On 31 March 2008, the United Kingdom’s Financial Services Authority (FSA) published “The Emissions Trading Market: Risks and Challenges Report” (Report), which sets out its views on the risks present in the new and expanding emissions market, and the possibility of them affecting the FSA-regulated derivatives market.
Throughout the Report, the FSA makes it clear that presently it does not regulate the emissions market. However, in light of the rapid growth of the emissions market, the Report is important because the FSA states it still has responsibilities to review the market, as it may affect activity which the FSA does regulate, specifically the emissions derivative markets. In the Report, the FSA delineates its regulatory remit with regards to commodity and exotic derivatives by reference to the EU Markets in Financial Instruments Directive (Directive 2004/39/EC), the Financial Services and Markets Act 2000 (Regulated Activities) Order 2001, the Financial Services and Markets Act 2000, and other related legislation, as well as summarising its collaborative role with other entities and regulatory bodies.
The FSA identifies a number of risks associated with the emissions market and offers suggestions to mitigate such risks, including, inter alia, the following:
- Foundation of the emissions market: market confidence is at risk where a balance between supply and demand cannot be achieved. Common standards must be set, and interconnections between relevant markets must be maintained to allow a more flexible and liquid emissions market.
- Integrity of the emissions market: market integrity is at risk where participants exploit the link between the products they offer and any climate change advantages, where the advantages that could be derived are actually minimal.
- Integrity of emissions market participants: the FSA is aware of certain firms holding out FSA authorisation which has not been granted with specific regard to emissions trading. This gives the incorrect impression the FSA is potentially endorsing activities which are (presently) out of its remit.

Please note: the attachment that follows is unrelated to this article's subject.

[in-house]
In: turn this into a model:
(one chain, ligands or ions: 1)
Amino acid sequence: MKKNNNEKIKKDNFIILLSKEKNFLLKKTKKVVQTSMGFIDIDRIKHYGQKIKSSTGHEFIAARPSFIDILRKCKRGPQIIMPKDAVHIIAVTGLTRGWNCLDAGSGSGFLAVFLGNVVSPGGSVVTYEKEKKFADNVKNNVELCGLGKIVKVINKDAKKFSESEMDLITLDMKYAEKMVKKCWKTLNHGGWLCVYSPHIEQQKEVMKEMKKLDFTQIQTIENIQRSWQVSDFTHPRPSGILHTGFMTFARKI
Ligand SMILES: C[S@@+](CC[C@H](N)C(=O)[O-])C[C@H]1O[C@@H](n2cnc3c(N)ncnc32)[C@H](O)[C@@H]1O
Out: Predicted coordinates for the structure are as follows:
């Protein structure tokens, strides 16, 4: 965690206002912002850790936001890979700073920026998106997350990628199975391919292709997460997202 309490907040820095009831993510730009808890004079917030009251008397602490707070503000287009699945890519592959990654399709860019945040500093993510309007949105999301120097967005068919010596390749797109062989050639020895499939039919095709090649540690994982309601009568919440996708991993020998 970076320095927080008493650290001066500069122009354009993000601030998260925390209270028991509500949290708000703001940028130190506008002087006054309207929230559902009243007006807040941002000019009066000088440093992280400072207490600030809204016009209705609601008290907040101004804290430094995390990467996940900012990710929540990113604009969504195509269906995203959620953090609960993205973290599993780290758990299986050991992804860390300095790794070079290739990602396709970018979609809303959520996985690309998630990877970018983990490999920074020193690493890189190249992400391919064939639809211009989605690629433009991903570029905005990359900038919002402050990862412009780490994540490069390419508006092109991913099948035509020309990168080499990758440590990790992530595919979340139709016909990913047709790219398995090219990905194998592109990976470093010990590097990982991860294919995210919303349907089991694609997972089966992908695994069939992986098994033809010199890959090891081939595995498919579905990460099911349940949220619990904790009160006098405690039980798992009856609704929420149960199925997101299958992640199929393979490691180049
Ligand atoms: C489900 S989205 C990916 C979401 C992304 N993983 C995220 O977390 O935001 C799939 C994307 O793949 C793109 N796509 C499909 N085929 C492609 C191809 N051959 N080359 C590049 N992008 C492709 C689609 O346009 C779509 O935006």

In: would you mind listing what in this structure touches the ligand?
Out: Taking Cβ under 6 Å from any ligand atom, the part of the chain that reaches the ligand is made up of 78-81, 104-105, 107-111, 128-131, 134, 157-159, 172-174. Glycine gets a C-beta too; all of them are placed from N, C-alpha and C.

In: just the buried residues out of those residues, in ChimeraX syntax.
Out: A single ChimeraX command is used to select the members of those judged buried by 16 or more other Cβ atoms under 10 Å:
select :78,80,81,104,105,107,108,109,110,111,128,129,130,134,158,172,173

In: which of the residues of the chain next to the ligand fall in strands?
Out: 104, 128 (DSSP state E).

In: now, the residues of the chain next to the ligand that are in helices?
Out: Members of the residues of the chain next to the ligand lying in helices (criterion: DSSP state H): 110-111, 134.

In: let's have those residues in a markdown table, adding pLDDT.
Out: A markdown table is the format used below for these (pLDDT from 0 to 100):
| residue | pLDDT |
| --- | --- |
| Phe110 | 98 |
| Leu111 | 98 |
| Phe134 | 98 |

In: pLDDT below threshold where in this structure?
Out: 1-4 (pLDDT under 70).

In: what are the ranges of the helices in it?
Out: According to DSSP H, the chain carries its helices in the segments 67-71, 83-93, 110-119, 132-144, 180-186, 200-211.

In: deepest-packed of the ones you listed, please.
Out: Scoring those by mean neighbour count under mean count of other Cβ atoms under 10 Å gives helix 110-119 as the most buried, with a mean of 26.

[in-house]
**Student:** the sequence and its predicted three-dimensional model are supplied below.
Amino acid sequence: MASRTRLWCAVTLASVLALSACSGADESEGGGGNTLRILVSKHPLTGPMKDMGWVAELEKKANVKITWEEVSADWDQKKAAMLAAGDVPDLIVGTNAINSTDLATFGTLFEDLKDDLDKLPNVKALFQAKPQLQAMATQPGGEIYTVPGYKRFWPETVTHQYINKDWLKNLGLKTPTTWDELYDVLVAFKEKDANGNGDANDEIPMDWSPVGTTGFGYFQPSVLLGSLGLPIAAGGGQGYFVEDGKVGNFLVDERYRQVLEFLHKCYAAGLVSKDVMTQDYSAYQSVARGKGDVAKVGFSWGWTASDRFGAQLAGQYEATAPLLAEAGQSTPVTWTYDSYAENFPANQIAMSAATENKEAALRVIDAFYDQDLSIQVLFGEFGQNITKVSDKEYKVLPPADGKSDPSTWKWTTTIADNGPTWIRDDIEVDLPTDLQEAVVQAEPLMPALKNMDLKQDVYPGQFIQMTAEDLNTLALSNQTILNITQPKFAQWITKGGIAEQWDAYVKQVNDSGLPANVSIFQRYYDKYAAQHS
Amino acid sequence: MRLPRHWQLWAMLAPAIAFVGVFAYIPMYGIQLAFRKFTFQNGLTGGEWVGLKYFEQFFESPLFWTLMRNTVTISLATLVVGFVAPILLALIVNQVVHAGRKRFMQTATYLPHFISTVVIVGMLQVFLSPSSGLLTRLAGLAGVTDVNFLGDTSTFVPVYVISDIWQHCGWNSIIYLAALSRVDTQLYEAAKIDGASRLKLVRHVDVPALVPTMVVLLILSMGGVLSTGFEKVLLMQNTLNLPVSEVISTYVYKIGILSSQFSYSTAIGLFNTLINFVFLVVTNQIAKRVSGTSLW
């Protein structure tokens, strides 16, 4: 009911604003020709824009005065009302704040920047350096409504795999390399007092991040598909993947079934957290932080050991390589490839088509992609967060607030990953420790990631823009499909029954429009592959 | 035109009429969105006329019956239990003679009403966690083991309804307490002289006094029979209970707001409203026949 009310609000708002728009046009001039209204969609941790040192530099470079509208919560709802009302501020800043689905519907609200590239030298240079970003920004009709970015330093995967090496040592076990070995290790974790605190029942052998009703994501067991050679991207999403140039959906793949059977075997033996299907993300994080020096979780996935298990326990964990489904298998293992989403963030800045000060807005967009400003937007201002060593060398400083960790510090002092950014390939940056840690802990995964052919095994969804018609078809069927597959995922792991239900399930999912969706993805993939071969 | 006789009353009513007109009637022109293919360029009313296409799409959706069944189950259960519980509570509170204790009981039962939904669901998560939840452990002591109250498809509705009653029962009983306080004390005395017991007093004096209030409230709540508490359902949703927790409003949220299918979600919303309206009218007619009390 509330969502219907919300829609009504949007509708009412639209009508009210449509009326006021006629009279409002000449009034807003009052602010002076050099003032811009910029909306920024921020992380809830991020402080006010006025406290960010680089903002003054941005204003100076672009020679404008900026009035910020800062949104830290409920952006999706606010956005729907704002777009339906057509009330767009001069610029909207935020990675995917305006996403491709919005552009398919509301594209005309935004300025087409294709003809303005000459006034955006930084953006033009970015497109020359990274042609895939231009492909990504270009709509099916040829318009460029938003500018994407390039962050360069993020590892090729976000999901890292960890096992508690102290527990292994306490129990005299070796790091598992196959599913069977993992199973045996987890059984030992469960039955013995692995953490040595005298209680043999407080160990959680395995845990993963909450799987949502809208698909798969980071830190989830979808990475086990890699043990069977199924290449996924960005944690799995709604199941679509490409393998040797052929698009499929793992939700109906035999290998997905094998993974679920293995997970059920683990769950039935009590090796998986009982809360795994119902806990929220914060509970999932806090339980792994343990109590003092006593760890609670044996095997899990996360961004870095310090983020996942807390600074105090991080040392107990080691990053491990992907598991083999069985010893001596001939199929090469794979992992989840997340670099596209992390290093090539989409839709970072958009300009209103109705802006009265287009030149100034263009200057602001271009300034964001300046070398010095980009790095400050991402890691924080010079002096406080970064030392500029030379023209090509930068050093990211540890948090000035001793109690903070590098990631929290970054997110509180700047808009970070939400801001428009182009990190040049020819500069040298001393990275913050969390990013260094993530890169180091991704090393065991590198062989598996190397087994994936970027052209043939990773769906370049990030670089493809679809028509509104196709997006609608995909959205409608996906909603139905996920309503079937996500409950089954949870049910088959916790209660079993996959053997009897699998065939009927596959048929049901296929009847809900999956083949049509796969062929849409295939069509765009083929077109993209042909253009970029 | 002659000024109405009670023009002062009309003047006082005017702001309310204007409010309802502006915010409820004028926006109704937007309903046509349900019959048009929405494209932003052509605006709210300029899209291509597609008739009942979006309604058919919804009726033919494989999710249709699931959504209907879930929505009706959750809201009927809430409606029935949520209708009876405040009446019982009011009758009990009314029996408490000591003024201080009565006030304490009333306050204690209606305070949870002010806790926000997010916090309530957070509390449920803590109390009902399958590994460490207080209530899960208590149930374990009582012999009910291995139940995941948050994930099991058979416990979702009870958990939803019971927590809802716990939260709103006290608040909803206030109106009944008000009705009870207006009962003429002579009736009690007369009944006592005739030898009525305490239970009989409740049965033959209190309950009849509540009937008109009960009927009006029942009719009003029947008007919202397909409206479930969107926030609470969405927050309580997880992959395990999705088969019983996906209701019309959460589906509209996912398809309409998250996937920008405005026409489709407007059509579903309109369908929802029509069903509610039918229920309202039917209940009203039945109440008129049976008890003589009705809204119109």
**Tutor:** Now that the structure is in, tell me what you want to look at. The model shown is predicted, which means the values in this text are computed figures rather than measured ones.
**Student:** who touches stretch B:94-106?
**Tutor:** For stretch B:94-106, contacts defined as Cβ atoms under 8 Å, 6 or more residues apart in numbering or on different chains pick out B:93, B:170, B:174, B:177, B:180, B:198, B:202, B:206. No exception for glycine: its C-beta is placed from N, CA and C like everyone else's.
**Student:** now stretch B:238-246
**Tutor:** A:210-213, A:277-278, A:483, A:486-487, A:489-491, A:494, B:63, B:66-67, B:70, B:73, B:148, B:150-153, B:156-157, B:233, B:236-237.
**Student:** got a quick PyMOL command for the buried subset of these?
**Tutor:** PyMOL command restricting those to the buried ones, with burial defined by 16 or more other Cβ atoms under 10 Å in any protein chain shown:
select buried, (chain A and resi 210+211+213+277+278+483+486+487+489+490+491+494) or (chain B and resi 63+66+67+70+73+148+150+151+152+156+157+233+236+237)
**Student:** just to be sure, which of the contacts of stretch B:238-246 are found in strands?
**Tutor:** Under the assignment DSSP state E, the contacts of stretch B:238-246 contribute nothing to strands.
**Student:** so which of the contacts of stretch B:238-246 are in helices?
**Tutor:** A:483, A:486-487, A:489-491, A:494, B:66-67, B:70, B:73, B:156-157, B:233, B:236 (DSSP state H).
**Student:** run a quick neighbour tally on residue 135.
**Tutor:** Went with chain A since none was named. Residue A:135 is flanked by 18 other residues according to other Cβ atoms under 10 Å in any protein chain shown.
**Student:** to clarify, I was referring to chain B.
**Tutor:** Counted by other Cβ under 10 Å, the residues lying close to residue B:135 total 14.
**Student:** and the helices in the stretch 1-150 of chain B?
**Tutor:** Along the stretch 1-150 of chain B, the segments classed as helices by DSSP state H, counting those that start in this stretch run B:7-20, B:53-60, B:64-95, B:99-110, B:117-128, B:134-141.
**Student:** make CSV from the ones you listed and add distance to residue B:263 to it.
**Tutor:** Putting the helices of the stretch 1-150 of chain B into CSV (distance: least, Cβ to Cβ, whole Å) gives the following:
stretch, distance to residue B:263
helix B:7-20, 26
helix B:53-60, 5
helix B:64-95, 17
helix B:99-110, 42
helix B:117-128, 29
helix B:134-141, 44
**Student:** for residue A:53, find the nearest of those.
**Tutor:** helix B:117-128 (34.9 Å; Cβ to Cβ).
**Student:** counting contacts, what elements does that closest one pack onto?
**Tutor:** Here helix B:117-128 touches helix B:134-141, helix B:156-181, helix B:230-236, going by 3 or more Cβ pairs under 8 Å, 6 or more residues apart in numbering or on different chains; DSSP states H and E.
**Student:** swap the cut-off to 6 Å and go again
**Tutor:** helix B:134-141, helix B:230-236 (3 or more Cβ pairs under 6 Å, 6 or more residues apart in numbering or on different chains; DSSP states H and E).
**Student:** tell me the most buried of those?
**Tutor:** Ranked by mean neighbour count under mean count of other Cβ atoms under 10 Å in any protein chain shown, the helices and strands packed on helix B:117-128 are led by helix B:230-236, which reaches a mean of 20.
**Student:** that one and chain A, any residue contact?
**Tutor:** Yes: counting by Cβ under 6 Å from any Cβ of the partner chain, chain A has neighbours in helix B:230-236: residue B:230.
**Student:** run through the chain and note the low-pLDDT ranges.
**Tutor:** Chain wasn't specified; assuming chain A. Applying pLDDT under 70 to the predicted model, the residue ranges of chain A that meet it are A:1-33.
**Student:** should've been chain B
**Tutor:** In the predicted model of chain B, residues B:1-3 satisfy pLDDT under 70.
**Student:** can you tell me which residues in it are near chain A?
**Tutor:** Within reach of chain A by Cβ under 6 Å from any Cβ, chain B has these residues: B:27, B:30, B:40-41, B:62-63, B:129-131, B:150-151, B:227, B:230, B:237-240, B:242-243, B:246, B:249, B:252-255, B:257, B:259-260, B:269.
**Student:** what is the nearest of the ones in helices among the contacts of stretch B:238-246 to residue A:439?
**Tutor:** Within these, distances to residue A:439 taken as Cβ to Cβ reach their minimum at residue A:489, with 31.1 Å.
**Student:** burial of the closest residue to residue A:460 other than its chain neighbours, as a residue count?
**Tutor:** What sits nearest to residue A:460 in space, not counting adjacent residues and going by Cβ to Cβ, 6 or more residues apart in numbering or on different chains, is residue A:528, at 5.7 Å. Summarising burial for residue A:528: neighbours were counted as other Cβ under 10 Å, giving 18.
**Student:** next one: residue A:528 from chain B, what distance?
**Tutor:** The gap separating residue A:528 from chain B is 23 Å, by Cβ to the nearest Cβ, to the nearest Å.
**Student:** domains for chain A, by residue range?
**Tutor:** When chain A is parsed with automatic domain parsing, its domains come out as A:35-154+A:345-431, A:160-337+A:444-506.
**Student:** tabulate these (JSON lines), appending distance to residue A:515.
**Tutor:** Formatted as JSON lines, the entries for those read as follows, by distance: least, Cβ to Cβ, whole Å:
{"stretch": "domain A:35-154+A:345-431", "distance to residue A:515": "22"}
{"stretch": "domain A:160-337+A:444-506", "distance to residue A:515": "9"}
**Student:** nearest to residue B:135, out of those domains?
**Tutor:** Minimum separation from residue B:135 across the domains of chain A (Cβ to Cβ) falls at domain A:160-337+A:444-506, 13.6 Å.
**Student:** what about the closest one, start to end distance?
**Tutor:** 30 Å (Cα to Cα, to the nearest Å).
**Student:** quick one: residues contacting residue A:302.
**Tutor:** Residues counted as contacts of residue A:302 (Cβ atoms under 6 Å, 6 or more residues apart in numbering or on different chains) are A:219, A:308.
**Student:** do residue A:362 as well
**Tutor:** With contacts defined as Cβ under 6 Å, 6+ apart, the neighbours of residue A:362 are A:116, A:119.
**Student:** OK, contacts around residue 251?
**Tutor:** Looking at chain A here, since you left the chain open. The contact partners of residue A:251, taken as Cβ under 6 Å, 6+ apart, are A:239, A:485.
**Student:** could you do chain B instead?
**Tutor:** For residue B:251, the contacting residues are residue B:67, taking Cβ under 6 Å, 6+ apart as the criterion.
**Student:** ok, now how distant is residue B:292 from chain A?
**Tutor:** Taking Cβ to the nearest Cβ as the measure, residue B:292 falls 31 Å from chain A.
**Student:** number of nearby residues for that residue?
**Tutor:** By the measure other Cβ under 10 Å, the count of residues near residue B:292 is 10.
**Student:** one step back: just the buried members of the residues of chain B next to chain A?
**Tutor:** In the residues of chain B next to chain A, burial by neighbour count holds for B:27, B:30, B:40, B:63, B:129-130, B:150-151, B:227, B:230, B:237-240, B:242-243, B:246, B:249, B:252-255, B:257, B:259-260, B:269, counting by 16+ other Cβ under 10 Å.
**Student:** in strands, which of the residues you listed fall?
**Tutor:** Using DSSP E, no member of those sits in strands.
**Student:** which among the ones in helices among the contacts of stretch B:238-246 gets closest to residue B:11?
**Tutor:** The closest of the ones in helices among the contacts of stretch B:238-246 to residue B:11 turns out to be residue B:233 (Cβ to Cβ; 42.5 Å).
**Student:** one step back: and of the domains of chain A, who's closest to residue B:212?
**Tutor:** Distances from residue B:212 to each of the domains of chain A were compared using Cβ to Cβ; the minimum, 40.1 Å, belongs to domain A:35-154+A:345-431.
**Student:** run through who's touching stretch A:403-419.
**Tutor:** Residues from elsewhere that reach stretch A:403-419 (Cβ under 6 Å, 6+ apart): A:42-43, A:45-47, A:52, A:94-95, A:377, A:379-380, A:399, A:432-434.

- Lack of experience and risk management: as the emissions market is in its infancy, many firms’ risk management policies might not address the risks of emissions trading, thereby leaving a risk management gap. The FSA regards this as potentially harmful to investors, and appropriate methods should be developed to target this.
- Availability of information: the timely and orderly release of information, much of which is done by market officials, is crucial to confidence in what the FSA sees as a “politically-generated and managed market”. The quality of information available should also be scrutinised closely.
- Market abuse: the FSA seems to believe the emissions market is not any more susceptible to abuse than any other commodities market per se (further detail on the FSA’s stance on market abuse in commodity markets generally can be found in the FSA’s paper, “Growth in commodity investment: risks and challenges for commodity market participants,” published March 2007). The principal difference between the emissions trading market and other commodities markets is that the underlying is a dematerialised allowance certificate as opposed to a physical commodity.
- Market liquidity: whilst there is generally good liquidity in the emissions markets, the increasing expansion of these markets potentially may create a risk to the confidence and functioning of the emissions market should liquidity become fragmented.
Whilst no US regulator has published any similar study or report concerning US or global emissions trading, the US Commodity Futures Trading Commission (CFTC) is watching the emerging markets. CFTC Commissioner, Bart Chilton, while addressing the recent commencement of carbon product trading on the NYMEX Green Exchange, stated that he “can certainly see carbon becoming the biggest of any derivatives product in the next four to five years. And that would of course mean overtaking T-bills [Treasury] and any contract that is out there right now”. CFTC economists confirmed that US greenhouse gas emissions contracts grew 131 per cent in 2006, compared with a 31 per cent rise in worldwide futures contracts.
Quite apart from its content, the FSA’s Report is significant in being the first policy pronouncement from a major financial services regulator, and will be reviewed closely by the FSA’s counterparts in other jurisdictions, not to mention emissions trading market participants. The FSA’s Report concludes that the emissions market is currently functioning well, and that the FSA will continue to scrutinise it in light of the possible impact the market’s development could have on the FSA’s evolving statutory obligations.